The bulk of Irish research is looking at prognostic biomarkers that should tell if that person to going to respond to certain types of treatments, for example the manner in which HER2-positive patients respond to the Herceptin drug.

“The cancer each person gets is unique to that person or unique to a group of people,” Prof Fitzpatrick explains. “In Ireland, because of the limited resources, we have to galvanise these resources, and the way to do it is with collaborative research.”

The Irish Cancer Society funds several research programmes looking at prostate cancer through the Prostate Cancer Research Consortium. For example, PCRC researchers have identified a new panel of biomarkers which could be used to help diagnose the illness earlier.

Dr Antoinette Perry of Trinity College Dublin is leading a team looking at new biomarkers which will more accurately predict if a patient has non-aggressive prostate cancer which is confined to the gland itself, or prostate cancer, which extends beyond the gland itself.

Her team is looking at biomarkers that are more accurate than the present Prostate-Specific Antigen (PSA) test and can be detected in blood or urine rather than the invasive PSA test. The work, which is being carried out at St James’ Hospital, has attracted funding not only from the Irish Cancer Society but also from the US-based Prostate Cancer Foundation.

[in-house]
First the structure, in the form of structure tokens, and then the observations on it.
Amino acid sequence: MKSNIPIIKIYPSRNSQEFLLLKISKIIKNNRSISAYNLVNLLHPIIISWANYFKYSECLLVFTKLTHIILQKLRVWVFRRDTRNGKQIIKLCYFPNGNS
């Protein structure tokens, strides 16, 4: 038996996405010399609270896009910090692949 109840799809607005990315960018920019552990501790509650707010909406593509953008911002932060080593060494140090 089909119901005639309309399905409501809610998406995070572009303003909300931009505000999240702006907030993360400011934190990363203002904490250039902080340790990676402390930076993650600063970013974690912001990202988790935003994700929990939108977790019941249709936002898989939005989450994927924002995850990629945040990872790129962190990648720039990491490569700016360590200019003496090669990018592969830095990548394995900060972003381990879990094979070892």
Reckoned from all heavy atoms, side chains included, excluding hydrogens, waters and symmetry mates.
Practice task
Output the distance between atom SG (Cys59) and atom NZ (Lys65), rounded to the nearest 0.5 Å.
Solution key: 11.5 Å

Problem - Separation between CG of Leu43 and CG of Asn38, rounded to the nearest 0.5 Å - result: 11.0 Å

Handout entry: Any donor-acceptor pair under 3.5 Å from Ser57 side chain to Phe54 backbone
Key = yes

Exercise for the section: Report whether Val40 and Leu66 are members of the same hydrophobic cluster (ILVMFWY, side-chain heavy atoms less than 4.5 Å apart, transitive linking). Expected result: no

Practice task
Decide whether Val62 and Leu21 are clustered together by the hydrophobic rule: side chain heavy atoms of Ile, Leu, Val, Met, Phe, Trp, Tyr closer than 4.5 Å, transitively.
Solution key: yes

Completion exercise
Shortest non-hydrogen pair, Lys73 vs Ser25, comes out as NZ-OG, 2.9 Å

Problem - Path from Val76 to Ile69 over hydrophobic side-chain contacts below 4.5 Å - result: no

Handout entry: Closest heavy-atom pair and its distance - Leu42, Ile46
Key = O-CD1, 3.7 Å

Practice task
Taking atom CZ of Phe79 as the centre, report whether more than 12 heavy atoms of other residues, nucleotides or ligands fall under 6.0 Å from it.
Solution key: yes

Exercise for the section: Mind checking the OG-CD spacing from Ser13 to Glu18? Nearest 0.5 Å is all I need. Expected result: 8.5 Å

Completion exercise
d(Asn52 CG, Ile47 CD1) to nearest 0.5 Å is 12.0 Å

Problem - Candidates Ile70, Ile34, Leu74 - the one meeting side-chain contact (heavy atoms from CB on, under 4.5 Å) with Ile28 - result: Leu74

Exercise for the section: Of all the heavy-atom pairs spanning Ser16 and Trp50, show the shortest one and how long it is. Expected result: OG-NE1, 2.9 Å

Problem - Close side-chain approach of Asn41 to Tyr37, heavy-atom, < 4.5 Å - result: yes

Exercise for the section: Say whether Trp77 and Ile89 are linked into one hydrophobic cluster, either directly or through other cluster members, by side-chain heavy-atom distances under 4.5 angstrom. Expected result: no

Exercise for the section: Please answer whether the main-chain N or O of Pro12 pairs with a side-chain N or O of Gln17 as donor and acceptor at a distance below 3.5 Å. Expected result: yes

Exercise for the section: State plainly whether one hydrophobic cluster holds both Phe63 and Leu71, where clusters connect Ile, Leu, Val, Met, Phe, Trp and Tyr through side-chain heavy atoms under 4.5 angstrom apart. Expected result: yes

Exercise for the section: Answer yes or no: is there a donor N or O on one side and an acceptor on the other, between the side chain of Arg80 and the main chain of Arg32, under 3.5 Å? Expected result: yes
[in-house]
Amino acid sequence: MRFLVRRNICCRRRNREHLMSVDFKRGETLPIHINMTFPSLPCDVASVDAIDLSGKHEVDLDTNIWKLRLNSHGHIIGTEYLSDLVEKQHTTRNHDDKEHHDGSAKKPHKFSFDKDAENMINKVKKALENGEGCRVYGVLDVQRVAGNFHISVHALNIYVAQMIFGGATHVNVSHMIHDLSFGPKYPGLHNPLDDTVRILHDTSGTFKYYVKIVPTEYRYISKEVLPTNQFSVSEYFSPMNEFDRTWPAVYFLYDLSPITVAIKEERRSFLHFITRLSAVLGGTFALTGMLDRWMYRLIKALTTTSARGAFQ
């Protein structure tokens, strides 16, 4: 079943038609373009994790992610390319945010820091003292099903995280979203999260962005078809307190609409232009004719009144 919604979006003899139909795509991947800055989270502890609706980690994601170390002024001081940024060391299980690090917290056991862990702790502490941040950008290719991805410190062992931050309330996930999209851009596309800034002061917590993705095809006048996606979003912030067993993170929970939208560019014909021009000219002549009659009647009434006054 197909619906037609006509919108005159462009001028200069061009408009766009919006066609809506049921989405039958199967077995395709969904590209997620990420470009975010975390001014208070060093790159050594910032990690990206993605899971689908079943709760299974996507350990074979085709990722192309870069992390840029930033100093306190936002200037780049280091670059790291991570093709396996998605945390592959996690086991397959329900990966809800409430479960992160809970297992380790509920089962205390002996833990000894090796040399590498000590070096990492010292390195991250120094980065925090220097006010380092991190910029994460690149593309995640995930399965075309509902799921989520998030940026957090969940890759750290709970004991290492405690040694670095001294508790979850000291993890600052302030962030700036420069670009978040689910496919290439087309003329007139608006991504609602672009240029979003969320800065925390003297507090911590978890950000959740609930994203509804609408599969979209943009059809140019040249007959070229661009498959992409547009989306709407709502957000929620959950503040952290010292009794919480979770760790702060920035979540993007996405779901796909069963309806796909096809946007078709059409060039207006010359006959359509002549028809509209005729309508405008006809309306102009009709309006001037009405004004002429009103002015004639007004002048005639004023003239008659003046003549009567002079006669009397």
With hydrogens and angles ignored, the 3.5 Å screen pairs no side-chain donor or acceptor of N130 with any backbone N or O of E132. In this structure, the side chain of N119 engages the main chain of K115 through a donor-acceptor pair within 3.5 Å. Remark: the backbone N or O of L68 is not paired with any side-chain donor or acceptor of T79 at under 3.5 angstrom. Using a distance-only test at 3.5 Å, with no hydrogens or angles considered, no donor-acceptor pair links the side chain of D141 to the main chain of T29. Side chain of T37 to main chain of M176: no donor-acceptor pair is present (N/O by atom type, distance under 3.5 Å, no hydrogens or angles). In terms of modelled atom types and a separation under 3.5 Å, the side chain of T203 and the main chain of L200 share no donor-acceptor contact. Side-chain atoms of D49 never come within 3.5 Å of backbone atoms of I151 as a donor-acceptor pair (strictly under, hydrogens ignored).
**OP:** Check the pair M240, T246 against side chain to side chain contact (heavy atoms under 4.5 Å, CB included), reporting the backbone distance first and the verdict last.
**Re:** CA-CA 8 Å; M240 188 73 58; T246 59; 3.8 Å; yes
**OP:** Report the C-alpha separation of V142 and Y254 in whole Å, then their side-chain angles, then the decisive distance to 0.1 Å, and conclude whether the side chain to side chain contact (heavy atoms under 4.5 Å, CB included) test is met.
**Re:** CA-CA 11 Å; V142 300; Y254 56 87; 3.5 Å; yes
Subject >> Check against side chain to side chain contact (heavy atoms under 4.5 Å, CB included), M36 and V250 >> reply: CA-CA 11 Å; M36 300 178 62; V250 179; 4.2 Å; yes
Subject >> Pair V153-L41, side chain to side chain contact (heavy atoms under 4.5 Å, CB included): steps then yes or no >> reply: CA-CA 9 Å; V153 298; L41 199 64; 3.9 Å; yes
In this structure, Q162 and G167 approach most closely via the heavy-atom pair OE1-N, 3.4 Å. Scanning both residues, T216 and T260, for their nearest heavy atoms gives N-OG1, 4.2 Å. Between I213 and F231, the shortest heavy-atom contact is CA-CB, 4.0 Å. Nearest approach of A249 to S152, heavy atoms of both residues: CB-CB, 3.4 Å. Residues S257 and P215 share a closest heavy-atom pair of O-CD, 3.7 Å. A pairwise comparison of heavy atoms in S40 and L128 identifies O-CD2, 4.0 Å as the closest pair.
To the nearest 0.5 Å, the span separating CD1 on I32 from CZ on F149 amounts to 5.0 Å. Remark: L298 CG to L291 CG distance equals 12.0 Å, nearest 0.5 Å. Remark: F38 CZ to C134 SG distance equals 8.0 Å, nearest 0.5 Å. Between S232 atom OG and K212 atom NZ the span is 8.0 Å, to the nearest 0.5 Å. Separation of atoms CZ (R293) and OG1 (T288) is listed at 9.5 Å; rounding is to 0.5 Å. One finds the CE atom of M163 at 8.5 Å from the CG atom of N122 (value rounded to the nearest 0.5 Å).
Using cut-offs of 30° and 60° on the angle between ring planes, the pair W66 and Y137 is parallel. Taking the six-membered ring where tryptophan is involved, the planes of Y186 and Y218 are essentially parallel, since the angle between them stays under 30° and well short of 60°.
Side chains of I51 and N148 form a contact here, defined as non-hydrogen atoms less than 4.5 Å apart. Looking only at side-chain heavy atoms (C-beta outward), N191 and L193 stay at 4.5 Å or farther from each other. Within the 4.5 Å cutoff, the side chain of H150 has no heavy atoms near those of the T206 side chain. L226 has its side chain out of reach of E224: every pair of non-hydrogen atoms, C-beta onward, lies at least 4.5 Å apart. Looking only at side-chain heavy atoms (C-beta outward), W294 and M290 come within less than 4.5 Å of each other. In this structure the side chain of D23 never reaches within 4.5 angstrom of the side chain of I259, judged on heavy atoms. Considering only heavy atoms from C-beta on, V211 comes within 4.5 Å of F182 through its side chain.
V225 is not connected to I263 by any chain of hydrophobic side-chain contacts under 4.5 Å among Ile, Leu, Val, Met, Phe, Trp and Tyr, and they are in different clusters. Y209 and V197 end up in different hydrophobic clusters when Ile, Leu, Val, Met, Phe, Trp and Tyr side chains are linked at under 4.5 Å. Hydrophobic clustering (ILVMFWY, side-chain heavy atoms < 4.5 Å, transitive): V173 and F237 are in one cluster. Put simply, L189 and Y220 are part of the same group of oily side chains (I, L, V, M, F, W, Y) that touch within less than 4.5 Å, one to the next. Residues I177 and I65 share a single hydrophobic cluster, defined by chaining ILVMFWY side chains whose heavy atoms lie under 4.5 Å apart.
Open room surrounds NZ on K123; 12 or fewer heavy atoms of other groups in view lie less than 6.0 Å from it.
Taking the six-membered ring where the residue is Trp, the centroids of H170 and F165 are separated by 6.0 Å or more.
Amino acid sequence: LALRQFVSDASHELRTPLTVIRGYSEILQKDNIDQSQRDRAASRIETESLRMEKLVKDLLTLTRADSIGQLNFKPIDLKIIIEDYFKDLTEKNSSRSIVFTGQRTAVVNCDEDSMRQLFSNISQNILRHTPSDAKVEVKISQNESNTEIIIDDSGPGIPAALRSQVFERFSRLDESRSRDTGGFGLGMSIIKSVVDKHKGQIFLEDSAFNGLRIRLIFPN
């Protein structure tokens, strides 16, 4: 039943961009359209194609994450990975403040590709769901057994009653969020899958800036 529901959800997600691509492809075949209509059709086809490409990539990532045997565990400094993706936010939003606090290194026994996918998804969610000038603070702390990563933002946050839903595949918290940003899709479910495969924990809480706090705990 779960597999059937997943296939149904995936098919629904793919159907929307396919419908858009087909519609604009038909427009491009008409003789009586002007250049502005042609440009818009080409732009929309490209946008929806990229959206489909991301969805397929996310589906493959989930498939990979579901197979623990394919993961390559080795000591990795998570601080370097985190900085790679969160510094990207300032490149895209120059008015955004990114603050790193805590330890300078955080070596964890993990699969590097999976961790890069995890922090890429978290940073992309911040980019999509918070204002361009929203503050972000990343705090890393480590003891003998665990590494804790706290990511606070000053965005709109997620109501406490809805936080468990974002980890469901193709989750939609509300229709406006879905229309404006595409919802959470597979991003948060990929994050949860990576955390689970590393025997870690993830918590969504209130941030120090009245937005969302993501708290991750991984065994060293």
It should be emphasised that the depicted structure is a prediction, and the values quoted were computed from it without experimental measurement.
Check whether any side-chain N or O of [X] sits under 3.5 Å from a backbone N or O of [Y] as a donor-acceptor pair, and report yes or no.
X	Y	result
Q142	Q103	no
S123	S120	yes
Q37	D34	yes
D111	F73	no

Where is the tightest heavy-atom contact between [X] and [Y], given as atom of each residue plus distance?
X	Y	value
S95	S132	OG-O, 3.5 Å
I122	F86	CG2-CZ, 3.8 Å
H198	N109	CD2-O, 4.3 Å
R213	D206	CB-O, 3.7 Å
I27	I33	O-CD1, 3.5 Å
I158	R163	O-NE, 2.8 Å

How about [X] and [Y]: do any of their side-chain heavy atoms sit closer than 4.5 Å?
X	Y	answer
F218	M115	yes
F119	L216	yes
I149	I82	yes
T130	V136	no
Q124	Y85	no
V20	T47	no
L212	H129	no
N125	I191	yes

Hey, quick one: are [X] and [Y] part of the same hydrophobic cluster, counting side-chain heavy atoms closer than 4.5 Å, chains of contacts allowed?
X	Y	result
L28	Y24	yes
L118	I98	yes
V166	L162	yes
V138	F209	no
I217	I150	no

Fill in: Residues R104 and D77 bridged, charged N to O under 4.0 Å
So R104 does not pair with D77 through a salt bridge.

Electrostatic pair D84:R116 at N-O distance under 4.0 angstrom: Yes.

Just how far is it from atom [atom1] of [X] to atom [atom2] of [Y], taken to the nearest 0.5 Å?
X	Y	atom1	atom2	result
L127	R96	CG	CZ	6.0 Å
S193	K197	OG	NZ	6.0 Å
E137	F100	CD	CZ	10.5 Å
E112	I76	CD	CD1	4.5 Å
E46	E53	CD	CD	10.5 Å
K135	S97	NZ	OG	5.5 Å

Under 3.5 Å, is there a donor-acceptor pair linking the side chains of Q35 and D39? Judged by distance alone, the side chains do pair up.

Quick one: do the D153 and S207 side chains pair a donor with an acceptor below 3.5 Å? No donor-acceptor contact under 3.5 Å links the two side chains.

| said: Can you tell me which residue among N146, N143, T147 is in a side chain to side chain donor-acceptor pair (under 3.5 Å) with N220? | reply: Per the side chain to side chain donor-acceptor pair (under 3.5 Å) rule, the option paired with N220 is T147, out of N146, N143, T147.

The best research will always get money from overseas and that is what is happening with several Irish cancer research projects. Last week the Irish Cancer Society honoured some of its researchers in its first annual award ceremony.

“Irish research is highly regarded. We have top-class researchers and top-class brains and we get invited to present at big cancer research conferences,” says Prof Fitzpatrick.

The excellence in cancer research is not just confined to this side of the border. The Northern Ireland Comprehensive Cancer Services (CCS) programme received an honour recently from Queen Elizabeth II. It has linked therapeutic approaches for patients with cancer sufferers and has involved local companies such as Almac to deliver new drugs and diagnostic treatments.

The ultimate goal of all cancer research is not only to save lives but to provide diagnostic tools and treatments which can provide employment at home. The CCS programme has been credited with saving the lives of between 50 and 60 people in Northern Ireland every year who have cancer. Northern Ireland has some of the best survival rates from cancer in the UK.

Dr Crown says his ambition is to create a virtual Irish Cancer Centre. He believes the idea of a bricks-and-mortar centre is “Victorian thinking” and Icorg showed that a virtual centre can work, as exemplified by the success of the MTCI, which involves most universities in Ireland, along with pharmaceutical companies. He and others will be submitting a proposal to Science Foundation Ireland to fund an Irish cancer research institute, but it would not be based in any one place.